Mining Software Repositories to Assist Developers and Support Managers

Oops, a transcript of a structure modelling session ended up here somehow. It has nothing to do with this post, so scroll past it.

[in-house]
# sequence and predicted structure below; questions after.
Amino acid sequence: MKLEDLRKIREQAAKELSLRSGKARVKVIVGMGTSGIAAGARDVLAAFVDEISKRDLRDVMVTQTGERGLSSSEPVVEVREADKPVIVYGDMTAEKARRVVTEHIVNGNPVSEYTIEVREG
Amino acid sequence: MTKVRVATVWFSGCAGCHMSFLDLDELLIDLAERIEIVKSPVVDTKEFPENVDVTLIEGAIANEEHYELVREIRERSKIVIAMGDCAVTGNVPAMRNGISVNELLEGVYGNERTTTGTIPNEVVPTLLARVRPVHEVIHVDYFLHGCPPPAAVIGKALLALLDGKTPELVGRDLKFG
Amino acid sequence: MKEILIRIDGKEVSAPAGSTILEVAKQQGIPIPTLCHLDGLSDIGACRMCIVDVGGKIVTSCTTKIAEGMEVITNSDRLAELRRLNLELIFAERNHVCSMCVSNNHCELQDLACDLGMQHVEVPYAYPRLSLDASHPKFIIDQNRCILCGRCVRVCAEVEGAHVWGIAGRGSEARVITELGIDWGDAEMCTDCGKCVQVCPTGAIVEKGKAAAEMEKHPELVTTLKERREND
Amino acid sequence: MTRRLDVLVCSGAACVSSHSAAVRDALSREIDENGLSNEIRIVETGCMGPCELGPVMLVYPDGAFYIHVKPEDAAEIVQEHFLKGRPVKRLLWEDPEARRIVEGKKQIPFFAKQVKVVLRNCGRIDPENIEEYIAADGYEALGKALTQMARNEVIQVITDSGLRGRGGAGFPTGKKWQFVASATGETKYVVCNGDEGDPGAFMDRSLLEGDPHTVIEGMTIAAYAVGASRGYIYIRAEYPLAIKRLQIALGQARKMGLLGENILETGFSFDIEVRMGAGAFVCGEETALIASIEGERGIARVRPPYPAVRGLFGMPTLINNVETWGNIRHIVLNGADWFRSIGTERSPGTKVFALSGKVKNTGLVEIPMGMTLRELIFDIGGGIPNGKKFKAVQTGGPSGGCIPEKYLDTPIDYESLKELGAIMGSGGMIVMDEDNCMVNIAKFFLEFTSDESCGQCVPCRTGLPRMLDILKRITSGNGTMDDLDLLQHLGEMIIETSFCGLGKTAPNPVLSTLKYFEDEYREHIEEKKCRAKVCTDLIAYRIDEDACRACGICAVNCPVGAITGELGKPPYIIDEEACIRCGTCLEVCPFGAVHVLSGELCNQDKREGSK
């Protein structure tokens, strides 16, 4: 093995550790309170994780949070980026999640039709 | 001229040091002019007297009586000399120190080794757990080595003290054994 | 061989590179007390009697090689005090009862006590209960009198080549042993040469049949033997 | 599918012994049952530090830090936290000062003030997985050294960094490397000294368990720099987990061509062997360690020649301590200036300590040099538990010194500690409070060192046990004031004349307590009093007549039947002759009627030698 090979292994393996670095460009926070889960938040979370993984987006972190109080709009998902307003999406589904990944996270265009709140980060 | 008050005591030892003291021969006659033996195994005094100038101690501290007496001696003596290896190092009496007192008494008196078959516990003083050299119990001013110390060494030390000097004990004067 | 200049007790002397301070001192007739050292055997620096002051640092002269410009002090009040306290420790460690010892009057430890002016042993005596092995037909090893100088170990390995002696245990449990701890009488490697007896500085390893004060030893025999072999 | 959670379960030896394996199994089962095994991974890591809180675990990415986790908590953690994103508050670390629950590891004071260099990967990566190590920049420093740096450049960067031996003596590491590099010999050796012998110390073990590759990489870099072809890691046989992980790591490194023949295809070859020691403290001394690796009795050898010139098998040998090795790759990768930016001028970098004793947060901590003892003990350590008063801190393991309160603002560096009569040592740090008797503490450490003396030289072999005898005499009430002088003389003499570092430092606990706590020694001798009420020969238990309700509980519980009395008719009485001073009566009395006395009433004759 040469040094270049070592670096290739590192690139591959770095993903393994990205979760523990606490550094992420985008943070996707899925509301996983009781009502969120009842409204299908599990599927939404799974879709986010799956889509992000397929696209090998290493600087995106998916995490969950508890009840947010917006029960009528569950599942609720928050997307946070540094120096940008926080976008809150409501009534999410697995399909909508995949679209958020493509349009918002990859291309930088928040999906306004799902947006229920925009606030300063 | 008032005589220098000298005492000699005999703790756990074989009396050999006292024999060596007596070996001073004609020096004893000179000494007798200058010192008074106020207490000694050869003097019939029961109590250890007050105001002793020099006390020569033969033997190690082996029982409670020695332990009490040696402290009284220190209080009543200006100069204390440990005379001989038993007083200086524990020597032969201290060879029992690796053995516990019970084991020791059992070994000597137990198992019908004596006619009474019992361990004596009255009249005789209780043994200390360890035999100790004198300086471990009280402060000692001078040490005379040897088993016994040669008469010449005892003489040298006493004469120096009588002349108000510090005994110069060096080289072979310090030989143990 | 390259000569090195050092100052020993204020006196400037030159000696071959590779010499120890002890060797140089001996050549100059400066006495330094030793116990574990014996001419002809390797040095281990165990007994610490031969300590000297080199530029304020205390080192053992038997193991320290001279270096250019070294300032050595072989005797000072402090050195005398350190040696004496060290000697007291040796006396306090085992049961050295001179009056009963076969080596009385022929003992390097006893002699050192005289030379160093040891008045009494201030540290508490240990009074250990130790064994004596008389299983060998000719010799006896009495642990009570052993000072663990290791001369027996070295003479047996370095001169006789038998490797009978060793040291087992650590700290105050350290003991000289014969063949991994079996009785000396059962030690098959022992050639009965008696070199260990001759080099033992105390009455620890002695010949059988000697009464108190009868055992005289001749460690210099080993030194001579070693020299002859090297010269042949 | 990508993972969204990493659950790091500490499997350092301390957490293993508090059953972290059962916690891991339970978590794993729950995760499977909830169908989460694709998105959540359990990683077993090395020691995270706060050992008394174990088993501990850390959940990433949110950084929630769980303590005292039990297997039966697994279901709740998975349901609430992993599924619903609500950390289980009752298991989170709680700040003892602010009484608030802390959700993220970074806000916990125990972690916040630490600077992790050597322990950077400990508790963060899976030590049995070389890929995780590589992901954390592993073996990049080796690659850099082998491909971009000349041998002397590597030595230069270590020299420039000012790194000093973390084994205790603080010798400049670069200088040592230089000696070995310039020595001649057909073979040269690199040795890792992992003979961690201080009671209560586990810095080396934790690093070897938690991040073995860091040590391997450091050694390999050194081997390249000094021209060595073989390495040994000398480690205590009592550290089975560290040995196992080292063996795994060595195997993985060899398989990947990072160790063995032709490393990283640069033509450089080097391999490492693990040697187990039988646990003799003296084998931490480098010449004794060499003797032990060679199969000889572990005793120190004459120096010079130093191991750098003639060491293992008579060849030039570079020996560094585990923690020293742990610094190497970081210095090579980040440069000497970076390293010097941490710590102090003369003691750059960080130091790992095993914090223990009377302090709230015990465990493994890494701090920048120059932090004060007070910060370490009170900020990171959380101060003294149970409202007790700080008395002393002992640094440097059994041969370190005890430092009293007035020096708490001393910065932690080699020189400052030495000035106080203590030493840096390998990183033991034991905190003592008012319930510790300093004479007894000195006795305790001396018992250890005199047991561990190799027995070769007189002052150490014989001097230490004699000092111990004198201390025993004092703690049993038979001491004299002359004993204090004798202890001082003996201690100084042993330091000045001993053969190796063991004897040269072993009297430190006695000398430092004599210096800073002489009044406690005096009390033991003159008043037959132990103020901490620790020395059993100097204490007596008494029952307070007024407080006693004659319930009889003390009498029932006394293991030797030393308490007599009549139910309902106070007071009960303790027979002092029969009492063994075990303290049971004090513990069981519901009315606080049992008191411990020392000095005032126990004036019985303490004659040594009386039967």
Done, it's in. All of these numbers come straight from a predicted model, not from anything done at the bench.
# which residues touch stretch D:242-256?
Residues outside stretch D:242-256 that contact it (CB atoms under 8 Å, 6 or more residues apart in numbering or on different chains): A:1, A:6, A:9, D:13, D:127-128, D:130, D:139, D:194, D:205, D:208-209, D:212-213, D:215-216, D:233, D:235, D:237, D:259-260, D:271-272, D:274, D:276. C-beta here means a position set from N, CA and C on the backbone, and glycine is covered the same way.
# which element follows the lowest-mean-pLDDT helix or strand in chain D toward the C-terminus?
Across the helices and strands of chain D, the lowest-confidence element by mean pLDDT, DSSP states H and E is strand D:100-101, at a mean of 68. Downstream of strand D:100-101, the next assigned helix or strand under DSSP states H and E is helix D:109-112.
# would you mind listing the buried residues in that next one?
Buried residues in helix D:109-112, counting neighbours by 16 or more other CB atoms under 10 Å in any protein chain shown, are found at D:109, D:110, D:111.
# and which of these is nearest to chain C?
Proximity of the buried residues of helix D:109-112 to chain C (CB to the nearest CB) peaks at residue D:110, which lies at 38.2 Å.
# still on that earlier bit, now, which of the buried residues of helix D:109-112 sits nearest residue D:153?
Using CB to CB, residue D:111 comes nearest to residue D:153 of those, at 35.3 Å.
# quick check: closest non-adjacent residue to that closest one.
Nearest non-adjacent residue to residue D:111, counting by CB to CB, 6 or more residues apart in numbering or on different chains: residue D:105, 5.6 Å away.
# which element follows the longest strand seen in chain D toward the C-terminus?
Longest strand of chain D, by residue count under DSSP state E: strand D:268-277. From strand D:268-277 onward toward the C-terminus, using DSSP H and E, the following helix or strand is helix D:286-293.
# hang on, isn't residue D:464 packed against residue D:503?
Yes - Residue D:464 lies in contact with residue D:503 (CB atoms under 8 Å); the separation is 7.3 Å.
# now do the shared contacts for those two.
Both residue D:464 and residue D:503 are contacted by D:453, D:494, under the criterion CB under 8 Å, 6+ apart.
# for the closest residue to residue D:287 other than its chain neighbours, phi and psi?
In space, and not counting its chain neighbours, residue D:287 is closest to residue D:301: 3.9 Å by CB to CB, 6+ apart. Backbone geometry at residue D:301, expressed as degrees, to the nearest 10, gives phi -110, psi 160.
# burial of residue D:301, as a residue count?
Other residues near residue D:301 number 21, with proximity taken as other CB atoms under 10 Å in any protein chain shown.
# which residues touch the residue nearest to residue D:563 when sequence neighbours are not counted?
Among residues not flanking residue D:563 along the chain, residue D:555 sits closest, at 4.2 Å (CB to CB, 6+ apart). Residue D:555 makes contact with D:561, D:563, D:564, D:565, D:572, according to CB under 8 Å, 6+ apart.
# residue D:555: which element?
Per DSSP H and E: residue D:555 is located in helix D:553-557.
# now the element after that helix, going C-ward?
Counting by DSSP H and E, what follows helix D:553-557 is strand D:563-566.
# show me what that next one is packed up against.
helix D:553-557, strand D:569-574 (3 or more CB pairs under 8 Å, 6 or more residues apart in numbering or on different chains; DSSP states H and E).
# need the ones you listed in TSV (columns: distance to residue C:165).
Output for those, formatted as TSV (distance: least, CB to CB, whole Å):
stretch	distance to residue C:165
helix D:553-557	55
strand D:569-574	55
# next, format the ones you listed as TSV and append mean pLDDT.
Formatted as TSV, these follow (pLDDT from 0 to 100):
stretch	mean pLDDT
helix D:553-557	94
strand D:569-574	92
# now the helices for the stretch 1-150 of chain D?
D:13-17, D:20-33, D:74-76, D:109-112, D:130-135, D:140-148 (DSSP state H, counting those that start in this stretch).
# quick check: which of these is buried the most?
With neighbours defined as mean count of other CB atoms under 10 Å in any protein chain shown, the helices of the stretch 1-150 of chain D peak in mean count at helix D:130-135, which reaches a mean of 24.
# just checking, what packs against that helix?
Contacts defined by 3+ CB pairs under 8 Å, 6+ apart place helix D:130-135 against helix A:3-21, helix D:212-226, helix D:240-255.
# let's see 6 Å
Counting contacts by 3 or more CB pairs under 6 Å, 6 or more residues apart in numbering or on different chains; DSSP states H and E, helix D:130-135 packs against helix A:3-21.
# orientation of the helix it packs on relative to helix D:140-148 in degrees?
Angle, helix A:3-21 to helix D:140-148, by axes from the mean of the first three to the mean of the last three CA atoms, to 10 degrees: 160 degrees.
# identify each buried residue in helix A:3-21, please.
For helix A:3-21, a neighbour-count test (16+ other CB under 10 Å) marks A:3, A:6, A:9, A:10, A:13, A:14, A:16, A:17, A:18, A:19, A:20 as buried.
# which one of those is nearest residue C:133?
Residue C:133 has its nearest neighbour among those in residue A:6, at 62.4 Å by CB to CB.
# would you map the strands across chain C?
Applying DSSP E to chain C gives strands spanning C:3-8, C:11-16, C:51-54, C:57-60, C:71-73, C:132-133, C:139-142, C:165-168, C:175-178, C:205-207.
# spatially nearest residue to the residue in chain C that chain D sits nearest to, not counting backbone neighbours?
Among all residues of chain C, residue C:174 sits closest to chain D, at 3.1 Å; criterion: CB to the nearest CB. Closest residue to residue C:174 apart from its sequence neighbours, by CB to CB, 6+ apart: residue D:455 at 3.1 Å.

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This thesis explores mining the evolutionary history of a software system to support software developers and managers in their endeavors to build and maintain complex software systems. We introduce the idea of evolutionary extractors which are specialized extractors that can recover the history of software projects from software repositories, such as source control systems. The challenges faced in building C-REX, an evolutionary extractor for the C programming language, are discussed. We examine the use of source control systems in industry and the quality of the recovered C-REX data through a survey of several software practitioners. Using the data recovered by C-REX, we develop several approaches and techniques to assist developers and managers in their activities. We propose <em>Source Sticky Notes</em> to assist developers in understanding legacy software systems by attaching historical information to the dependency graph. We present the <em>Development Replay</em> approach to estimate the benefits of adopting new software maintenance tools by reenacting the development history. We propose the <em>Top Ten List</em> which assists managers in allocating testing resources to the subsystems that are most susceptible to have faults. To assist managers in improving the quality of their projects, we present a complexity metric which quantifies the complexity of the changes to the code instead of quantifying the complexity of the source code itself. All presented approaches are validated empirically using data from several large open source systems. The presented work highlights the benefits of transforming software repositories from static record keeping repositories to active repositories used by researchers to gain empirically based understanding of software development, and by software practitioners to predict, plan and understand various aspects of their project.
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